Sanjib Kr Baruah=In variance with Mao Tse Tung’s strategic dictum of ‘taking the countryside first and then circling the urban centres’, the Communist Party of India (Maoist) has started eyeing the urban areas of working class discontent– among the working class (both organised and unorganised sector), students, unemployed youth and intellectuals–to spread their influence.
The ‘urban policy’ has also been given the thumbs-up during the party’s Central Committee meeting for 2013 held somewhere in the Odisha-Chhattisgarh border.
While security and intelligence agencies had indicated the ‘presence’ of Maoist elements across many major towns and cities of India including New Delhi, their ‘influence’ was always under doubt.
“The idea is to ramp up the ‘influence’ now, to replenish the urban network. This is a ‘tactical’ effort to get forces of urban discontent together on the basis of a common workable understanding,” said a top security official engaged in formulating policy against the Maoist movement and who spoke on condition of anonymity.
Latest intelligence reports already speak of systematic efforts being made to infiltrate labour organisations in the national capital region in order to spread the ‘influence’.
“Maoists have reached a certain saturation point or plateau in the rural and forest areas. Beyond this point there is no scope to expand or increase influence. That is why they have turned their attention to urban areas now,” said PV Ramana, research fellow and an expert on the Maoist movement at the Institute of Defence Studies and Analysis.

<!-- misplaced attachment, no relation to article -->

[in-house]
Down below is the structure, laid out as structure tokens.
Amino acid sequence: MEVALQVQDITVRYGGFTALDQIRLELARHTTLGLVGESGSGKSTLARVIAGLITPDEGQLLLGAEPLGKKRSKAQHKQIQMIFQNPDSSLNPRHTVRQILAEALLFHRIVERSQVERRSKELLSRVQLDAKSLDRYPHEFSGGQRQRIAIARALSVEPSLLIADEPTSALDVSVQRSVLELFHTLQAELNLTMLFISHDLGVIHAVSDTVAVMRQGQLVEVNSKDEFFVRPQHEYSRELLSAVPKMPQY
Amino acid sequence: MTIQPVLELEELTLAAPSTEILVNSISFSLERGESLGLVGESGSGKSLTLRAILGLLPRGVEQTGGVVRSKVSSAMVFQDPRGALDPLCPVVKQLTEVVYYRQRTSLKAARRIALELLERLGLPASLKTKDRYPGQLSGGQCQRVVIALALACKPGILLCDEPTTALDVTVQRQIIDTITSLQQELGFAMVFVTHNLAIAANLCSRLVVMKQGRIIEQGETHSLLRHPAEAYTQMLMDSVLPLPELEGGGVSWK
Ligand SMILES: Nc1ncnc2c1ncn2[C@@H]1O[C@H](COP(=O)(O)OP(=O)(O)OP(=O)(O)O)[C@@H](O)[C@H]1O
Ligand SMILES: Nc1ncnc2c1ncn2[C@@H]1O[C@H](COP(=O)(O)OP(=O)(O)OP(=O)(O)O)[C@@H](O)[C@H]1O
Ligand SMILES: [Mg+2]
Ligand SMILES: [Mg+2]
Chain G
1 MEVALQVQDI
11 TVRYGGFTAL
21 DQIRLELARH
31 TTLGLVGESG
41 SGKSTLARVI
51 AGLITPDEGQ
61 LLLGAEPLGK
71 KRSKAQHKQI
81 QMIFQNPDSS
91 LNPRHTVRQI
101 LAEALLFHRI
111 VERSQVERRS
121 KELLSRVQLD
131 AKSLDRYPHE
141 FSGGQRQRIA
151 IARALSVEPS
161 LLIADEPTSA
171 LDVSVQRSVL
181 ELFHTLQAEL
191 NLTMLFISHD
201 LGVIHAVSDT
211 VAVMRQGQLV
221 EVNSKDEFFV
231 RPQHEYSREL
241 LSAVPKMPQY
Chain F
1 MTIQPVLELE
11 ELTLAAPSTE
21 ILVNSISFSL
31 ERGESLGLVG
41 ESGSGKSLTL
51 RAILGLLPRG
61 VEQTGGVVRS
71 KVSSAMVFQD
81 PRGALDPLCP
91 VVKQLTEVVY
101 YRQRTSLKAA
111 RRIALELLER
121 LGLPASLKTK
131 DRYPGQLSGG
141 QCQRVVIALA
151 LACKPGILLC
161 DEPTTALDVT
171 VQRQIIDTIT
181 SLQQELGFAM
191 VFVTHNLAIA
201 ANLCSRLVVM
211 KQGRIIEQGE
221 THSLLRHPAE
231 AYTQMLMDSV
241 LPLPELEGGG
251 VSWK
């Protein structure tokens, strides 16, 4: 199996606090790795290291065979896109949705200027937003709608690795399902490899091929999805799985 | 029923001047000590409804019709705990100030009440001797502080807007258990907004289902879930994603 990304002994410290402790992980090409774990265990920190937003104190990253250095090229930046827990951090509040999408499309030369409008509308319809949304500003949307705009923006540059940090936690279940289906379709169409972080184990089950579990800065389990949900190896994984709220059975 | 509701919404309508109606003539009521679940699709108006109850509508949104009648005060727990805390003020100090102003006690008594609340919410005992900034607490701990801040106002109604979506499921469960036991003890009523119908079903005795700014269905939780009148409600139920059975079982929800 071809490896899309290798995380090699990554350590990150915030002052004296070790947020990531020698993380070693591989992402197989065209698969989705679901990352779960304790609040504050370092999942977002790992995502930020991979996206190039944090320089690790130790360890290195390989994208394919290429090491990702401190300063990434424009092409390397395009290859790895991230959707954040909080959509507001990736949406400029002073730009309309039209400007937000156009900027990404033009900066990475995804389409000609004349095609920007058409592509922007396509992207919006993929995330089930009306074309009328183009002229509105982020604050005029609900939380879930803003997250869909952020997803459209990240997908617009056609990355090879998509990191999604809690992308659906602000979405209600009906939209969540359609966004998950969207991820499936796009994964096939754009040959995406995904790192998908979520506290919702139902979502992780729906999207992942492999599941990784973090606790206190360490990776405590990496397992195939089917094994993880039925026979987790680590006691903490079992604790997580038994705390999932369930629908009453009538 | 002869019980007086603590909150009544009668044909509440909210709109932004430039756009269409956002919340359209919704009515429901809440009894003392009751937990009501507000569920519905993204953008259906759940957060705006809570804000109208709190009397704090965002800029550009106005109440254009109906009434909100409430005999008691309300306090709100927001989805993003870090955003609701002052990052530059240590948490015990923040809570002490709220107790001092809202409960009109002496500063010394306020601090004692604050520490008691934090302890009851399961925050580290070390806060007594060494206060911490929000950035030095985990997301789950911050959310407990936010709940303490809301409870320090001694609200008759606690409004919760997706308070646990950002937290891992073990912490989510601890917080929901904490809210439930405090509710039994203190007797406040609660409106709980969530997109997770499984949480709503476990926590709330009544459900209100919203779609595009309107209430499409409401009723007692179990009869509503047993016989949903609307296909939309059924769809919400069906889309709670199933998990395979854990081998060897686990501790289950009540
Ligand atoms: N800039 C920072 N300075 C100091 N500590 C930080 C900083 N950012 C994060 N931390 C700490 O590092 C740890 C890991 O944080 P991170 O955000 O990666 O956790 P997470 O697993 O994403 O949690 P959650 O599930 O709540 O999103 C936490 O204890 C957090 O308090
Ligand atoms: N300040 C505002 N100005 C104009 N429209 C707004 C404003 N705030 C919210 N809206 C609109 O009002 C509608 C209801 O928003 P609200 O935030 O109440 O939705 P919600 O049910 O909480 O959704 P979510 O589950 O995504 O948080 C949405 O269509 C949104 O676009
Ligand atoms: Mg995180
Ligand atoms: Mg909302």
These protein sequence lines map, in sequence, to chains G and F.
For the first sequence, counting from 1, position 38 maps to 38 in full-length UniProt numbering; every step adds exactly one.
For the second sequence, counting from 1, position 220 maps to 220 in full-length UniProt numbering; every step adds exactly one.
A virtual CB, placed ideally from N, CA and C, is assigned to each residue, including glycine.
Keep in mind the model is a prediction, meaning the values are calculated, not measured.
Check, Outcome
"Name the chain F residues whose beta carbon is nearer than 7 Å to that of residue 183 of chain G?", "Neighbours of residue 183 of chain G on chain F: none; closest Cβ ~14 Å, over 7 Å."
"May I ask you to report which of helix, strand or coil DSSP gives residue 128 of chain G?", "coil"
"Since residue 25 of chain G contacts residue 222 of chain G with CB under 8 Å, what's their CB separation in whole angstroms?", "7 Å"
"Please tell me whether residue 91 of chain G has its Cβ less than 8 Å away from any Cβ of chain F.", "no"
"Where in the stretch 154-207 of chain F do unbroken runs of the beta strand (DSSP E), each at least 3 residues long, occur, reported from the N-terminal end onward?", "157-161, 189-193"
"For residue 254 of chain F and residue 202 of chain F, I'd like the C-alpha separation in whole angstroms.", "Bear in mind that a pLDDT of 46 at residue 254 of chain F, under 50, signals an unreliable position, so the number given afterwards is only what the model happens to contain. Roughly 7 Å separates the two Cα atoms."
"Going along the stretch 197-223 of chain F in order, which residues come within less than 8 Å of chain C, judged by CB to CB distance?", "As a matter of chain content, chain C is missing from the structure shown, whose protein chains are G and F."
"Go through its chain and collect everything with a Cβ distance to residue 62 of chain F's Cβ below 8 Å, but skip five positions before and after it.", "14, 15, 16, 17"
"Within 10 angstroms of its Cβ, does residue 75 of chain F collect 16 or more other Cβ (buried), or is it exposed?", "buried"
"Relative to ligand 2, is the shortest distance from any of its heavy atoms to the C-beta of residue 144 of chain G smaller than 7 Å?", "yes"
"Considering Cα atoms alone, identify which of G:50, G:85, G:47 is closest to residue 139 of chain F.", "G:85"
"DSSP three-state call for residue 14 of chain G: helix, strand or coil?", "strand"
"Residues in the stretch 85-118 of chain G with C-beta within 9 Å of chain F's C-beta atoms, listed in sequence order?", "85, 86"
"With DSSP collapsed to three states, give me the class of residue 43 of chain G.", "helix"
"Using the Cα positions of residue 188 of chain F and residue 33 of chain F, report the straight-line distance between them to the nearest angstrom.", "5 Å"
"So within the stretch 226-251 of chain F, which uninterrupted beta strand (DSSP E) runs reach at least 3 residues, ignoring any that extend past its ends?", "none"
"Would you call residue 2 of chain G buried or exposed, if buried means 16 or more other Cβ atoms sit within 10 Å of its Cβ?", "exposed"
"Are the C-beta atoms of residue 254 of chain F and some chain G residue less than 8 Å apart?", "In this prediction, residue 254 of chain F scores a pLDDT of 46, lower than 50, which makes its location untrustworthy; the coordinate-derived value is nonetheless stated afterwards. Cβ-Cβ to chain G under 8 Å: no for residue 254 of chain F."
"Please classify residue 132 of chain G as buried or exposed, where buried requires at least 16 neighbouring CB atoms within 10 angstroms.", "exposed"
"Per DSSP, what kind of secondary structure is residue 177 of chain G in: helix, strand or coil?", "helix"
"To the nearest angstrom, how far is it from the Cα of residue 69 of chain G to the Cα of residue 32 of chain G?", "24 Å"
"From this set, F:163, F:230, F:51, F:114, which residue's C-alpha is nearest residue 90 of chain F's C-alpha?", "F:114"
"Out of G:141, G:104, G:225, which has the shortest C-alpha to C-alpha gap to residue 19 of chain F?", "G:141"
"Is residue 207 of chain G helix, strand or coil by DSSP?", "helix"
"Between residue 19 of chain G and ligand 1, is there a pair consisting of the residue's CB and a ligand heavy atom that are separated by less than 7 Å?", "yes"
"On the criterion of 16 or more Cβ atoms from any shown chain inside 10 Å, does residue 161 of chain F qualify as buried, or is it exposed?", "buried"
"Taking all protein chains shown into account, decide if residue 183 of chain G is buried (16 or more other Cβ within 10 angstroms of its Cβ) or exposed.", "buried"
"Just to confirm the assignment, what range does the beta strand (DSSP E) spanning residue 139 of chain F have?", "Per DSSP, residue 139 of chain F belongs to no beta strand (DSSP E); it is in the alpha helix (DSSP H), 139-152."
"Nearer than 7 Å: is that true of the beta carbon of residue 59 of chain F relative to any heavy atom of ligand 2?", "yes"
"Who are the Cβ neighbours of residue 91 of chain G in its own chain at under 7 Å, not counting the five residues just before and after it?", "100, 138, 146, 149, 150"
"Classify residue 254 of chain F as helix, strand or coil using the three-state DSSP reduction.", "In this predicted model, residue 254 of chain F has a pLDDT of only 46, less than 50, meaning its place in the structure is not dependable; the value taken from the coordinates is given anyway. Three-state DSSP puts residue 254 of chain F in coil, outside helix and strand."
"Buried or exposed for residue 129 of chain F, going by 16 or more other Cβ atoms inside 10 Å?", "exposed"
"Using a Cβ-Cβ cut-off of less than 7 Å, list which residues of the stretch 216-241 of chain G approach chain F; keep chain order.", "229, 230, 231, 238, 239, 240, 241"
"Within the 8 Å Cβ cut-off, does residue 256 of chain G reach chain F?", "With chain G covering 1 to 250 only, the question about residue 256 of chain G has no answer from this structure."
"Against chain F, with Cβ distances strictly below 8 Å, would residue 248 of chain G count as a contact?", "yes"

Traditionally, tribal communities in dense forested areas across central India have been the usual mainstay of the Maoists for support, shelter and cadres. Moreover, the inaccessibility and remoteness facilitated construction of bases for weapons training and ideological indoctrination.
On the other hand, the movement found fertile ground among the tribals whose angst, due to a long history of being exploited against as well as a strong sense of being wronged, got largely channelized into the Maoist movement.
The CPI (Maoist) urban areas plan first found focus in September 2007 when the Urban Sub Committee (USCO) prepared an “urban perspective plan” but which was not given urgent importance. The issue became a contentious one with consequent dissent from the state committees in West Bengal, Karnataka and Odisha.
Indian Maoists are not known to be great sticklers to Mao’s strategy. While Mao was never too keen on the efficacy of mounting spectacular strikes during the initial stages of the movement, it is something that their Indian counterparts have not followed.